Arrhythmia

The heart pumps blood around the body with every heartbeat. An arrhythmia is extra or skipped heartbeats that interrupt the normal rhythm of your heart. Find out what you can do to recognise arrhythmias.

An arrhythmia is a type of problem with how your heart beats. 

Every heartbeat is triggered and controlled by an electrical signal (impulse) from the SA node in your heart. As an electrical signal moves through, down and across your heart muscle it triggers the heart muscle to contract. This allows blood to be pumped out of your heart and through your body. Find out more about how your hearts electrical conduction system works.

Types of arrhythmia

There are several main types of arrhythmias or heart rhythm problems: ​

  • Fast heartbeat (tachyarrhythmia) 
  • Slow heartbeat (bradyarrhythmia)
  • Irregular heartbeat (most commonly this is atrial fibrillation)

People with healthy hearts may have minor, harmless heart rhythm disturbances from time to time. 

Arrhythmias can be caused by:

  • heart disease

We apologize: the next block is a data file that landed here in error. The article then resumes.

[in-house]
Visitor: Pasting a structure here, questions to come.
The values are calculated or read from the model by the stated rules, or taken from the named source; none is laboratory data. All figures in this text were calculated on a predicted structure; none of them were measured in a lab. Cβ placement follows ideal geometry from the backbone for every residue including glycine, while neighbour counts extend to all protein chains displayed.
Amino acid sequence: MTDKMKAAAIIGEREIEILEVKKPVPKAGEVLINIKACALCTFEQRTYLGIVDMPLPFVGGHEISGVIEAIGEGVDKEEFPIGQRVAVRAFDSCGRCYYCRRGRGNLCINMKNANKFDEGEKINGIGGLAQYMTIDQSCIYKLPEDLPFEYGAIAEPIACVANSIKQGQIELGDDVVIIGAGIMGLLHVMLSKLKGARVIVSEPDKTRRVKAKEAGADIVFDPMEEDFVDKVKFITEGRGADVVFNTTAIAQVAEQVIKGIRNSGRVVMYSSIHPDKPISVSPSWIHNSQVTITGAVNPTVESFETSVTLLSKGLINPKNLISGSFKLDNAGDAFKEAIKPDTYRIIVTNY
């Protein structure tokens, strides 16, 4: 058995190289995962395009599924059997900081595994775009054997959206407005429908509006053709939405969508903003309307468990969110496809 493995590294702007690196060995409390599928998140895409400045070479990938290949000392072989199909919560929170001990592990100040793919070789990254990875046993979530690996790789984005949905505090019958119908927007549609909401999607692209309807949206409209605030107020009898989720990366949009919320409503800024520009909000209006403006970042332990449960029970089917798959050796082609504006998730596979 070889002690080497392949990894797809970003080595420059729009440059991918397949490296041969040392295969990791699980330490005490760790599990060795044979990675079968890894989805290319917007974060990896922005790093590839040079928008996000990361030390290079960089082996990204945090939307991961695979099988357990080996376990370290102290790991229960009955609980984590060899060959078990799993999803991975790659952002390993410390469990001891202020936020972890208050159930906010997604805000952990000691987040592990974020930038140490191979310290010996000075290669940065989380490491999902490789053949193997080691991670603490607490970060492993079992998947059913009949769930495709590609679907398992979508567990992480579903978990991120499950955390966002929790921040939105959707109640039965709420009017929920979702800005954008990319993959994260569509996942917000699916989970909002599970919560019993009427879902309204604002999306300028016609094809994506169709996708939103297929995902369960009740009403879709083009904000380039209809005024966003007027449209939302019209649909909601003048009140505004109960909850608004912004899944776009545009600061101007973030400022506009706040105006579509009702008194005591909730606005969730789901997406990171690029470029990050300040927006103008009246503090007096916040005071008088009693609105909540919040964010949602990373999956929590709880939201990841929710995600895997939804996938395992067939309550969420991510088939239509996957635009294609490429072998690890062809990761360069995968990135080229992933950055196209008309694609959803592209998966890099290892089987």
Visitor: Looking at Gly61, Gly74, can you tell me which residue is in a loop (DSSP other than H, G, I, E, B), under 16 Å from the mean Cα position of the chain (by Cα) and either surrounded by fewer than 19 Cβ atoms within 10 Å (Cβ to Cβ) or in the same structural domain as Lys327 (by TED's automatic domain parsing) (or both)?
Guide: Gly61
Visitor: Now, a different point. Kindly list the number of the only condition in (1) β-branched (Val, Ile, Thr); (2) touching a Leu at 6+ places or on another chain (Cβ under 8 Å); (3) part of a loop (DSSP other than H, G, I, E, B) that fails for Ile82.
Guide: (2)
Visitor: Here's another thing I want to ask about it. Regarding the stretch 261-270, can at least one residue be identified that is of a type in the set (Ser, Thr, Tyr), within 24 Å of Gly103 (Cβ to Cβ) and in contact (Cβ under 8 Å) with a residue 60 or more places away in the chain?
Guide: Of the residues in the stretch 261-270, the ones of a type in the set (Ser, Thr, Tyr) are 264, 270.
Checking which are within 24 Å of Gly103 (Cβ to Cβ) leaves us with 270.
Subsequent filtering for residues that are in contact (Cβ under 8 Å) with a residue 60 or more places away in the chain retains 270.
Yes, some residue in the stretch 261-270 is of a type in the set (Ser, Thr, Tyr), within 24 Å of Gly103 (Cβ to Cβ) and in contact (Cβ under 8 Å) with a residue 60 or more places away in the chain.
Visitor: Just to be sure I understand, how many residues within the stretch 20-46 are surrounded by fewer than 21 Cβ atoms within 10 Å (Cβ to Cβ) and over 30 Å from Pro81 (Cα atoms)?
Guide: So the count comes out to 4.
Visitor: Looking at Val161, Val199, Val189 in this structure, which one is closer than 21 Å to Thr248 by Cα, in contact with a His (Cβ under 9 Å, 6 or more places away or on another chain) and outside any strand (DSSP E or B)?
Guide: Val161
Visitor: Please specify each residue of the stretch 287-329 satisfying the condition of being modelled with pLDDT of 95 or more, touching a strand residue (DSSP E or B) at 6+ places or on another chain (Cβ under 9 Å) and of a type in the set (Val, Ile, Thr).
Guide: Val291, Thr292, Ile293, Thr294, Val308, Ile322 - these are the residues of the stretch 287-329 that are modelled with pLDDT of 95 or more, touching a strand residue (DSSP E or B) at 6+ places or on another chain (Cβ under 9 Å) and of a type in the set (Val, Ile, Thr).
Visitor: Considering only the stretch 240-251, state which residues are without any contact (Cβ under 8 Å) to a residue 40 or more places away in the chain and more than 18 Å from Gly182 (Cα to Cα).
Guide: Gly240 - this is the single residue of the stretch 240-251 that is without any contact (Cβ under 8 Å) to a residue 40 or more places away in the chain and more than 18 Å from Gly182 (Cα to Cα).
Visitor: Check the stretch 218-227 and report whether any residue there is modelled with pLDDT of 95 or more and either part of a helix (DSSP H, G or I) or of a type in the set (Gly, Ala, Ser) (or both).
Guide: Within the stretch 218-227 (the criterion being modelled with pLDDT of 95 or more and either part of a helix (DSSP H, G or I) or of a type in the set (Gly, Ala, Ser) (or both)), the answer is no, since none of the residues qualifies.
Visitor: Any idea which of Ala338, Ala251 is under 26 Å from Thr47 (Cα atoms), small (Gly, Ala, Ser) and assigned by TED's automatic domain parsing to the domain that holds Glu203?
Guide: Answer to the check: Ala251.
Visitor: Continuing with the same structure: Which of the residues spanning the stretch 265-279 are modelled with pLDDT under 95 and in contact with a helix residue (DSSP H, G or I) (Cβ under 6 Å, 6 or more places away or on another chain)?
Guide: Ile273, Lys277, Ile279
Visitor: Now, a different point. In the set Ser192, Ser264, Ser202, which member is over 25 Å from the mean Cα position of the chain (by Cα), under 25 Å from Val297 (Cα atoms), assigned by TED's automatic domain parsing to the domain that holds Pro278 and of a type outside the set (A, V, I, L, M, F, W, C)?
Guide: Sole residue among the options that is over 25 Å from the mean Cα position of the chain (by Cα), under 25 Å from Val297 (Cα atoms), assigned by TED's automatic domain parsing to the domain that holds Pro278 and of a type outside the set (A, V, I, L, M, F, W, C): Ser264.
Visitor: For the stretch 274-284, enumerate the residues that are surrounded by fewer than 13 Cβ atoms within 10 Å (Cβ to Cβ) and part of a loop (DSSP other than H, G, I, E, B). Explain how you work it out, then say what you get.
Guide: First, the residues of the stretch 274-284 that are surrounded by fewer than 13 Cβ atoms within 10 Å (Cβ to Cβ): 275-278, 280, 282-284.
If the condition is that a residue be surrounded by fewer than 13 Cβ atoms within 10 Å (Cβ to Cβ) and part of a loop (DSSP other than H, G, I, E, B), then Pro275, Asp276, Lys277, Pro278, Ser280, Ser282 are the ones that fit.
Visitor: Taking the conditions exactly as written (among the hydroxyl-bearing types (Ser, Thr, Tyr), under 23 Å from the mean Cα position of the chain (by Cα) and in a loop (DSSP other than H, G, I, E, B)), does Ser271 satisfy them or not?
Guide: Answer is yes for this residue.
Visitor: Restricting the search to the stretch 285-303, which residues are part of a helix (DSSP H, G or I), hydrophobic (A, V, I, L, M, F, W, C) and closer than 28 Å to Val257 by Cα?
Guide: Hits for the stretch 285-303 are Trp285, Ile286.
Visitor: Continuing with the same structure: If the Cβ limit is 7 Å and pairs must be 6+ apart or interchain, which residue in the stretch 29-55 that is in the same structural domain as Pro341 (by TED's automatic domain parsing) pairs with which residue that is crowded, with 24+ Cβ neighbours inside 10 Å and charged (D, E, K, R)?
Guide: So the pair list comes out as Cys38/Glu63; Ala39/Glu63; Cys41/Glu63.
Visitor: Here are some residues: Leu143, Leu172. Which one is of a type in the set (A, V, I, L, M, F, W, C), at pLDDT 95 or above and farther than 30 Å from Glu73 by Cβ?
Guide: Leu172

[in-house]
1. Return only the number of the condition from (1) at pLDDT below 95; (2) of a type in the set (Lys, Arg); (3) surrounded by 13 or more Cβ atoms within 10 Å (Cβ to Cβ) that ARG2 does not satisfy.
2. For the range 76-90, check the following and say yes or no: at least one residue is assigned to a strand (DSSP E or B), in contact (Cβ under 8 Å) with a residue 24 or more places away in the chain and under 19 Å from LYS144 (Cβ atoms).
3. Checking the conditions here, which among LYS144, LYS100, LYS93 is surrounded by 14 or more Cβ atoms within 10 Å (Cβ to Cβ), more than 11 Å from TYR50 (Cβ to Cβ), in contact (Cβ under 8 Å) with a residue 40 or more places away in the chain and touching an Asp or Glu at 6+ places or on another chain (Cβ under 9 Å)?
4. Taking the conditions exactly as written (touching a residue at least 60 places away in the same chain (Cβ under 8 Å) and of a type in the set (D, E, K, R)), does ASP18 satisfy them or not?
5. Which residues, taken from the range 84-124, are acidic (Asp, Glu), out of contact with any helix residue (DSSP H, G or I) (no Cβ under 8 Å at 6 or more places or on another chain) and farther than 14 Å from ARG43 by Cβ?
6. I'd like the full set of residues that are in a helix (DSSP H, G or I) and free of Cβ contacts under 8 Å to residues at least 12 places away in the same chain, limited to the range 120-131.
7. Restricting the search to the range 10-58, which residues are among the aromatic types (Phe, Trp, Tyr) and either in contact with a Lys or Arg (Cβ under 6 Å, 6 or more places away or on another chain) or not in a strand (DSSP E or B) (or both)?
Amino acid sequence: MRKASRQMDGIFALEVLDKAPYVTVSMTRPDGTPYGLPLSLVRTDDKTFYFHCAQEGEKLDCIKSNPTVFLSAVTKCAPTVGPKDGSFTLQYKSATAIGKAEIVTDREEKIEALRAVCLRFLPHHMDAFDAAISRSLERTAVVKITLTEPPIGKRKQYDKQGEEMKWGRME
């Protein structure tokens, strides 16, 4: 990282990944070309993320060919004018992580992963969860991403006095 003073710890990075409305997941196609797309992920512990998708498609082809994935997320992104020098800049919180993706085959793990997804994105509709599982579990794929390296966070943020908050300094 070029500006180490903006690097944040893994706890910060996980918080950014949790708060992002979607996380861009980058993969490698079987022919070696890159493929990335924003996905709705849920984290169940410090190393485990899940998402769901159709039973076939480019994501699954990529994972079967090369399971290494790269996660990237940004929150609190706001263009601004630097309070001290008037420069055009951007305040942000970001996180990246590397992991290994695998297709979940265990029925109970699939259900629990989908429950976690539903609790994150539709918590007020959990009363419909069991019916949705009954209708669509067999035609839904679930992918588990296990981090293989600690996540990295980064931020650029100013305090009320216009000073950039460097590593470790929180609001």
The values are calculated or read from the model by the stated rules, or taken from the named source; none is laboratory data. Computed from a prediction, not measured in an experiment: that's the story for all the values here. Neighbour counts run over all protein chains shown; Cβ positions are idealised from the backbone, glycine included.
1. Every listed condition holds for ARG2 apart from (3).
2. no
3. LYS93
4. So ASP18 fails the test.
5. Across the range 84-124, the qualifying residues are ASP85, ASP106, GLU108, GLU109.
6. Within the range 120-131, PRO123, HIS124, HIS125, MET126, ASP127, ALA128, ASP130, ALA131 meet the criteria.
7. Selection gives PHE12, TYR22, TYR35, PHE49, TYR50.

• damage to the heart's electrical conduction system
  • congenital heart defects.

Some people have no symptoms of arrhythmia, while others experience symptoms like:

  • Skipped heart beats
  • A "fluttering" or pounding feeling in the chest, sometimes described as heart palpitations
  • Feeling dizzy or light-headed
  • Sudden shortness of breath
  • Periodic weakness
  • Fainting or sudden loss of consciousness.

Please talk to your doctor or nurse if you experience any of these symptoms.

Your heart rate is a measure of the number of your heart's electrical signals or heartbeats per minute. You can work out your heart rate by taking your pulse - each throb that you feel is a heartbeat.

Sometimes you might be asked by your doctor to have a heart test to help diagnose whether or not you have an arrhythmia: 

  • Electrocardiograph (ECG)
  • 24 hour ECG
  • Echocardiogram (Echo)
  • Electrophysiological Study (EP study).

After diagnosis, you will work with your doctor to develop a management plan that is right for you. This plan will depend on what sort of arrhythmia you have and the symptoms you experience, but it may include medication, surgery, and/or an implantable device like a pacemaker.

There are things you can do to manage your heart condition and live well with an arrhythmia.

Sometimes a pacemaker may be used to help correct an arrhythmia. 

Find out when a pacemaker can help